Top Dog Vs the Under Dog

McDonald’s and Burger King’s rivalry has been raging since the mid-1950s. The original McDonalds concept was conceived in 1948 by the McDonald brothers, who rebranded their hot dog stand to be more concentrated and efficient (McDonald’sCorporation, 1998).  Inspired by McDonald’s’ efficiency, Burger King’s founders decided to make a similar restaurant in 1953, Burger King. (Burger King Corporation., 2020).  

            McDonald’s is the obvious ”top dog’ in this rivalry since they came first chronologically and invented the efficient, small menu, quick-serve restaurant idea. When it comes to branding strategy, McDonald’s uses the “proactive strategy.” McDonald’s is constantly innovating new menu items and reinventing their brand and positioning. This strategy is apparent in their ads for new menu items across the world, like this ad from McDonald’s Japan.

Tsukimi is a fall festival where people view the first Autumn harvest moon with family and friends. It is a popular holiday in Japan and is similar to Thanksgiving in the United States (Nippon Communications Foundation, 2020). McDonald’s created this regional menu specifically for Japan that highlights the culture of the people there. McDonald’s chose to develop or rejuvenate these products for an existing market of users in Japan, and possibly to penetrate new markets of Japanese people who may not have been familiar with McDonald’s. 

Though Burger King may have initially been using the reactive strategy in competition with McDonald’s, it seems the company has switched to a proactive approach in researching new markets and focusing on brand positioning. One concept they employ is reaching out to Millennials and Generation Z segments through tech and culture. They are also utilizing new tech likes apps and social media to reposition their brand as a hip alternative to McDonald’s.

Burger King appears to have a good grasp on rebranding and may already be on their way to surpassing McDonald’s. Here are a few recommendations that may help.

  •             Brand equity management- Burger King often takes the number 2 spot in people’s minds, and Burger will need to change that by establishing a strong brand identity. They are shedding the weird “Burger thief” identity and trying to move into a relevant and hipper concept for younger generations. McDonald’s, from the beginning, tried to focus on the ‘family” segment rather than young people. Burger King may be able to sweep in and grab this segment by being culturally relevant and ‘real,” as these segments specifically appreciate (Igielnik, 2020). Burger Kinds should show these segments who and what they are about through identity and meaning (Cline, T. W., Cronley, M. L., Kardes, F. R., 2015). This concept will help them resonate with their desired new segments.
  •             According to Consumer Behavior by Cline, T. W., Cronley, M. L., Kardes, and F. R., “Underdogs need to disrupt the status quo.” Burger King needs to challenge their consumers to change their mindset about Burger King being only second best in the burger game. Burger King should concentrate on making their products better than McDonald’s and then having consumers try a blind taste test. This plan could integrate well with their current social media and tech strategies.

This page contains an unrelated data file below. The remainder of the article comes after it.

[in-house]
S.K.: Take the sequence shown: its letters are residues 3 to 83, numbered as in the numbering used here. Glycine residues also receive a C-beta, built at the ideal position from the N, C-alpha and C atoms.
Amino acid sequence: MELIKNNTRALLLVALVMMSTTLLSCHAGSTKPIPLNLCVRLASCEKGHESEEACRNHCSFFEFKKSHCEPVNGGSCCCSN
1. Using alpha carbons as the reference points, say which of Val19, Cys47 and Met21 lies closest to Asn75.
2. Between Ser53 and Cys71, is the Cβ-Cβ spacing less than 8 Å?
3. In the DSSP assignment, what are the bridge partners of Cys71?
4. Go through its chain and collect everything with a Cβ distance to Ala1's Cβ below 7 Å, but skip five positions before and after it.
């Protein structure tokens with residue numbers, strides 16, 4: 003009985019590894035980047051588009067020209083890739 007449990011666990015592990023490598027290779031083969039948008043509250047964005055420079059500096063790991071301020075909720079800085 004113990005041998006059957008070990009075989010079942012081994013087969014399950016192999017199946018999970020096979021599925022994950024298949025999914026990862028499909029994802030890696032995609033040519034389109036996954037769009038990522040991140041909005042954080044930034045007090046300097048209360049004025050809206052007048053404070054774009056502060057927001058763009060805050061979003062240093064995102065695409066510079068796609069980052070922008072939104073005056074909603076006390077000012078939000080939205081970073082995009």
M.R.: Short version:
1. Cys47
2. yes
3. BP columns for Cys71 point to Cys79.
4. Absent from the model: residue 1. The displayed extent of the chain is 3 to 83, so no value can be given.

•             Retention is another area that Burger King can improve their strategies. Loyalty programs can help consumers continue to purchase from a company and can create loyalty to that company (Cline, T. W., Cronley, M. L., Kardes, F. R. (2015). Although they have created an app recently with some perks, I think this could expand to include other companies as collaborators (Koltun, N., 2019). For instance, joining with Android, or Apple, or other companies that their target segments often use could bring them new customers as well as help them to retain their current customer base. 

 It may be that McDonald’s is the originator of the counter service concept, or it may just be that the french fries are simply better at McDonald’s. I can’t say for sure why they are known as the “Top Dog,” in the fast-food burger industry. I agree that the fries are better at McDonald’s. Secondly, I think there have always been more McDonalds’ in the places I have lived. Ironically, my Mom worked at Burger King as a teenager, and prefers Burger King! I was just never very impressed with their food, although I don’t eat at either place anymore, as a foodie, and food snob! I may give Burger King a try though, as their new positioning efforts are fascinating and I like that they are targeting my segment!

Citations

Burger King Corporation. (2020) International Directory of Company Histories.Retrieved August 11, 2020, from Encyclopedia.com: https://www.encyclopedia.com/books/politics-and-business-magazines/burger-king-corporation

Cline, T. W., Cronley, M. L., Kardes, F. R. (2015). Consumer Behavior. [MBS Direct]. Retrieved from https://mbsdirect.vitalsource.com/#/books/9781305161689/

Igielnik, K. (2020, May 15). What We Know About Gen Z So Far. Retrieved October 02, 2020, from https://www.pewsocialtrends.org/essay/on-the-cusp-of-adulthood-and-facing-an-uncertain-future-what-we-know-about-gen-z-so-far/

Koltun, N. (2019, December 09). Marketer of the Year: Burger King. Retrieved October 02, 2020, from https://www.mobilemarketer.com/news/burger-king-mobile-marketer-awards/566220/

McDonald’s Corporation. (1998, July 4). Restaurant Innovator Richard McDonald Dies at 89: Pioneered McDonald’s, World’s Largest Restaurant System [Press release]. Retrieved October 2, 2020, from https://www.hotel-online.com/News/PressReleases1998_3rd/July98_DickMcDonald.html

Nippon Communications Foundation. (2020, May 30). “Tsukimi”: The Japanese Tradition of Autumn Moon Viewing. Retrieved October 02, 2020, from https://www.nippon.com/en/features/jg00115/

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